B/R's EPL 100 has caused quite a stir, as fans furiously debate the rankings and lay down their individual arguments as to why players are too high, too low or just right.
With more than 650 comments on the piece after just 48 hours, it's difficult to read and reply to everything, but common themes have emerged with regard to which were the most controversial picks.
Here, we analyse and explain them, giving readers a little more insight as to why the decisions were made.
Understandable concern was raised when Nemanja Vidic's name did not appear among the top 100 players.
That's not to say the Serbian is not one of the top players in the Premier League. In fact, he's a top-15 player at his peak—but that's the issue: his injuries have left him in a state which we cannot determine at this point in time.
December 2011 saw him have knee surgery after a horrendous twist in the turf left him with an ACL tear, forcing him to miss the entirety of the 2012 season post-Christmas.
He returned for the 2012-13 campaign, but made sporadic appearances as injury issues struck once more. At 31 years of age these problems stack up, and we weren't willing to compromise the integrity of the rankings by "guessing" his grade.
After all, how can you fairly grade a man who you haven't recently seen play?
Preseason, in addition to the Community Shield win over Wigan, were the only chances to watch him in action, and they did not serve as adequate grounding.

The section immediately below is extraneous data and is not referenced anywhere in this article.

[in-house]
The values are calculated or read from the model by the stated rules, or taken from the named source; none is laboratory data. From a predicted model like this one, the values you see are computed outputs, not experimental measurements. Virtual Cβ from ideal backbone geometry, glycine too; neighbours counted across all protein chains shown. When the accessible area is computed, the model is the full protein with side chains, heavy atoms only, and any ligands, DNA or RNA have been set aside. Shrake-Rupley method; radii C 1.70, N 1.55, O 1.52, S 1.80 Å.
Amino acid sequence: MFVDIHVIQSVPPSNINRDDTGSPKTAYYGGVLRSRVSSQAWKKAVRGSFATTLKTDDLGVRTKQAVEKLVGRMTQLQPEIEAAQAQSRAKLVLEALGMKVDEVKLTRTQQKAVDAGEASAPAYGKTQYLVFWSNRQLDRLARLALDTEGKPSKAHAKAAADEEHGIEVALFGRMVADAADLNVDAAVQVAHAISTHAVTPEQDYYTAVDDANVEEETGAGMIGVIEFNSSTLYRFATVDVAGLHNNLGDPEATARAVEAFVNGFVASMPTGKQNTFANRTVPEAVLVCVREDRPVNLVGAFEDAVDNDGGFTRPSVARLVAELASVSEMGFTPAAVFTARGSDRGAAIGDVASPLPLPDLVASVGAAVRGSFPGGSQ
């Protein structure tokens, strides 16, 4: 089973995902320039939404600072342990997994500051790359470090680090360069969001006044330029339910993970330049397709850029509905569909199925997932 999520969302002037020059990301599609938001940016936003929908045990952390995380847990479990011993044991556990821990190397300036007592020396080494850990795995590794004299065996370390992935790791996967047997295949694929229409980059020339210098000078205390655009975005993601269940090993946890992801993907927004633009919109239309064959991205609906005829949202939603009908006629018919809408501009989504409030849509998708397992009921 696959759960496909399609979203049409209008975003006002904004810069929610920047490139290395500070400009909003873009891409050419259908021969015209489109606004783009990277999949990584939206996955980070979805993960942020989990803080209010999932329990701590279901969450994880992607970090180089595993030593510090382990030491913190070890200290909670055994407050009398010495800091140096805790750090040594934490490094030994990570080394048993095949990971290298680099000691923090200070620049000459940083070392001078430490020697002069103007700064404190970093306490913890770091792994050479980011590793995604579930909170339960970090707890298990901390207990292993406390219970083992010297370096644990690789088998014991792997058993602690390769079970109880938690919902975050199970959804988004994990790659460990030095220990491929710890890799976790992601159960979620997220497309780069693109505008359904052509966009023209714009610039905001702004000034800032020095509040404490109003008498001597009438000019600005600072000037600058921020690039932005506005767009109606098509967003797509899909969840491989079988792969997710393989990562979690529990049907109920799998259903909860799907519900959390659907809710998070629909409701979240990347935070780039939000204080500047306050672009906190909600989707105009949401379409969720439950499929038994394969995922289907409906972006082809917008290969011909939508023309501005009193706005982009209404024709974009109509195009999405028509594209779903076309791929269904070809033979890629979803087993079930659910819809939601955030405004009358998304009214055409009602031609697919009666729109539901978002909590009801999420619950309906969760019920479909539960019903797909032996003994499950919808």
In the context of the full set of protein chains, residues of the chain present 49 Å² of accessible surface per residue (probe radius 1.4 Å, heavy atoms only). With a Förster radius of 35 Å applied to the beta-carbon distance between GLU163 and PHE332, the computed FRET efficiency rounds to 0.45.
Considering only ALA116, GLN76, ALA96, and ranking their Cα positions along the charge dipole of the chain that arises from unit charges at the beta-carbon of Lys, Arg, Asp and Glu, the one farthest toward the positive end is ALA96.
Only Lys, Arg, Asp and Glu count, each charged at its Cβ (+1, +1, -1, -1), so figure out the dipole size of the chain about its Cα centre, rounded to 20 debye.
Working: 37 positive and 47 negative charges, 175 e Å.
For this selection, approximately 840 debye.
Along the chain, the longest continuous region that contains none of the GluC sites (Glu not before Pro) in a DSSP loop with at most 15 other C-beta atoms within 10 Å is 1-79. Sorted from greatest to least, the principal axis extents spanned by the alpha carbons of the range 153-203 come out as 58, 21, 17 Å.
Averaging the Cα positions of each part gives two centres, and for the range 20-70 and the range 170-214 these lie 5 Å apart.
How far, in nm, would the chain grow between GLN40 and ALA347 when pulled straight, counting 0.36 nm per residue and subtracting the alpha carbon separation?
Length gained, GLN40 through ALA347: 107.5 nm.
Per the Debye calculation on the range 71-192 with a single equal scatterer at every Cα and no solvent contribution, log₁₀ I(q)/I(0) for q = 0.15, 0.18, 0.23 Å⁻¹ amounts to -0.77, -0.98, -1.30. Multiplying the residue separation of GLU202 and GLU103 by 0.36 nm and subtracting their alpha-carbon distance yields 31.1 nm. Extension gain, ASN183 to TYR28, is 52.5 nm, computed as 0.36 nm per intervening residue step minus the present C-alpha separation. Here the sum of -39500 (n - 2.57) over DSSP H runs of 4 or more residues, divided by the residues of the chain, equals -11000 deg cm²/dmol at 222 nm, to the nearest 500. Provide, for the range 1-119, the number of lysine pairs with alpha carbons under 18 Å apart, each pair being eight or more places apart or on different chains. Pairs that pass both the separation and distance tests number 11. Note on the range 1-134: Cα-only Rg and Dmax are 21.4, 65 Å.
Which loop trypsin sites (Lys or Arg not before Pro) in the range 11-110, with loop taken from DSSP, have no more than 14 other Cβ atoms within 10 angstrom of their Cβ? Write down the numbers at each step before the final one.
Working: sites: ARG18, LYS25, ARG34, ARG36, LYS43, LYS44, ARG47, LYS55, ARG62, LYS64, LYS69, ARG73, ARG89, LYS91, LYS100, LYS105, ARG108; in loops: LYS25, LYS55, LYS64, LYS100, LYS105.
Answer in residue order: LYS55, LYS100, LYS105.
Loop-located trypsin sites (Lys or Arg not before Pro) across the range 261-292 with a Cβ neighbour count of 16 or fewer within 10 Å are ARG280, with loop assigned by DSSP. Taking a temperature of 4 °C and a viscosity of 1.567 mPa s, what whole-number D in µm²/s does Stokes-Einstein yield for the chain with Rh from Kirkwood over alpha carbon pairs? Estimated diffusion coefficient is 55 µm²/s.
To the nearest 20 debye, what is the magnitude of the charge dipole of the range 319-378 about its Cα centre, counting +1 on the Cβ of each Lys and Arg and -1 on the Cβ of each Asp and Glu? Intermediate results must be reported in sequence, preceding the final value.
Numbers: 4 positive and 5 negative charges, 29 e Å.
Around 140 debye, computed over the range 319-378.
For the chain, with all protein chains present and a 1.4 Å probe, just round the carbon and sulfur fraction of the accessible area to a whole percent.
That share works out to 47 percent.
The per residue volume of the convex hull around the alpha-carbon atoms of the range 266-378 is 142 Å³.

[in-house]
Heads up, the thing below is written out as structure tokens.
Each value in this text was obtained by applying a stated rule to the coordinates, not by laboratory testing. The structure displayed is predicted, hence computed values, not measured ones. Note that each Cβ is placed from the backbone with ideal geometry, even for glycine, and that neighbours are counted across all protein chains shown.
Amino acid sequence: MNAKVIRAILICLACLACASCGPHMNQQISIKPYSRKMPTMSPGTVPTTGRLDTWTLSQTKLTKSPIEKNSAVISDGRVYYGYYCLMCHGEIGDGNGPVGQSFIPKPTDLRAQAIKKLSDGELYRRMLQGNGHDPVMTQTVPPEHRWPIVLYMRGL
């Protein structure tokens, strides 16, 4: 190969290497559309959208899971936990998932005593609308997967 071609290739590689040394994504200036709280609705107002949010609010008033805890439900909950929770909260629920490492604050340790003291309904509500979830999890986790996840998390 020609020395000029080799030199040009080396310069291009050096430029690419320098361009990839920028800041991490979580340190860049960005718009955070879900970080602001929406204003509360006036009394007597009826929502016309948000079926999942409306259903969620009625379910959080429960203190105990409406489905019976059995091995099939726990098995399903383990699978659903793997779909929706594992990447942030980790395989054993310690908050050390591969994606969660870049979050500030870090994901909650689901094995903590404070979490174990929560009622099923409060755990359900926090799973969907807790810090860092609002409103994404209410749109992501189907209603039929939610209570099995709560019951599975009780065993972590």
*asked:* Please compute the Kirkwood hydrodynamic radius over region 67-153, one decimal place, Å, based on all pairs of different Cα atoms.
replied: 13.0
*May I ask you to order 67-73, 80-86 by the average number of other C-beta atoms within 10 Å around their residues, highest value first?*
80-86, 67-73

For Philippe Coutinho to achieve seventh place in the EPL 100 is a remarkable leap of faith, considering he's only played half a season in England.
The high ranking for the Brazilian surprised many—even some Liverpool fans—but he scored obscenely well on the metrics we set out.
He's played both as an inside forward from the left and as a No. 10, and we graded him in the latter role as he scored highest. It's the approach we took with many versatile players, as it's only fair to give them the best possible chance.
His vision, touch, technique, use of space and ability to pass is already at the highest level, hence his remarkable impact at Liverpool in just four short months.
The EPL 100 is not built, in any way, on reputation and historical achievements, only a player's raw attributes and fit to his team at this moment in time. Coutinho is an absolutely ridiculous talent, and he has the entire 2013-14 Premier League season to prove it so.
A few have questioned whether it's fair to include new Premier League arrivals in the rankings, particularly when they score extremely highly, á la Victor Wanyama, Jesus Navas and Stevan Jovetic.
The list wouldn't be nearly as much fun without those inclusions, but the pretense that it's difficult to accurately grade a new player coming into the EPL is extremely valid.
However, it's the same process every professional scout, coach and manager goes through when mulling over a new signing, and it's part knowledge, part identification of talent and part luck in every single instance.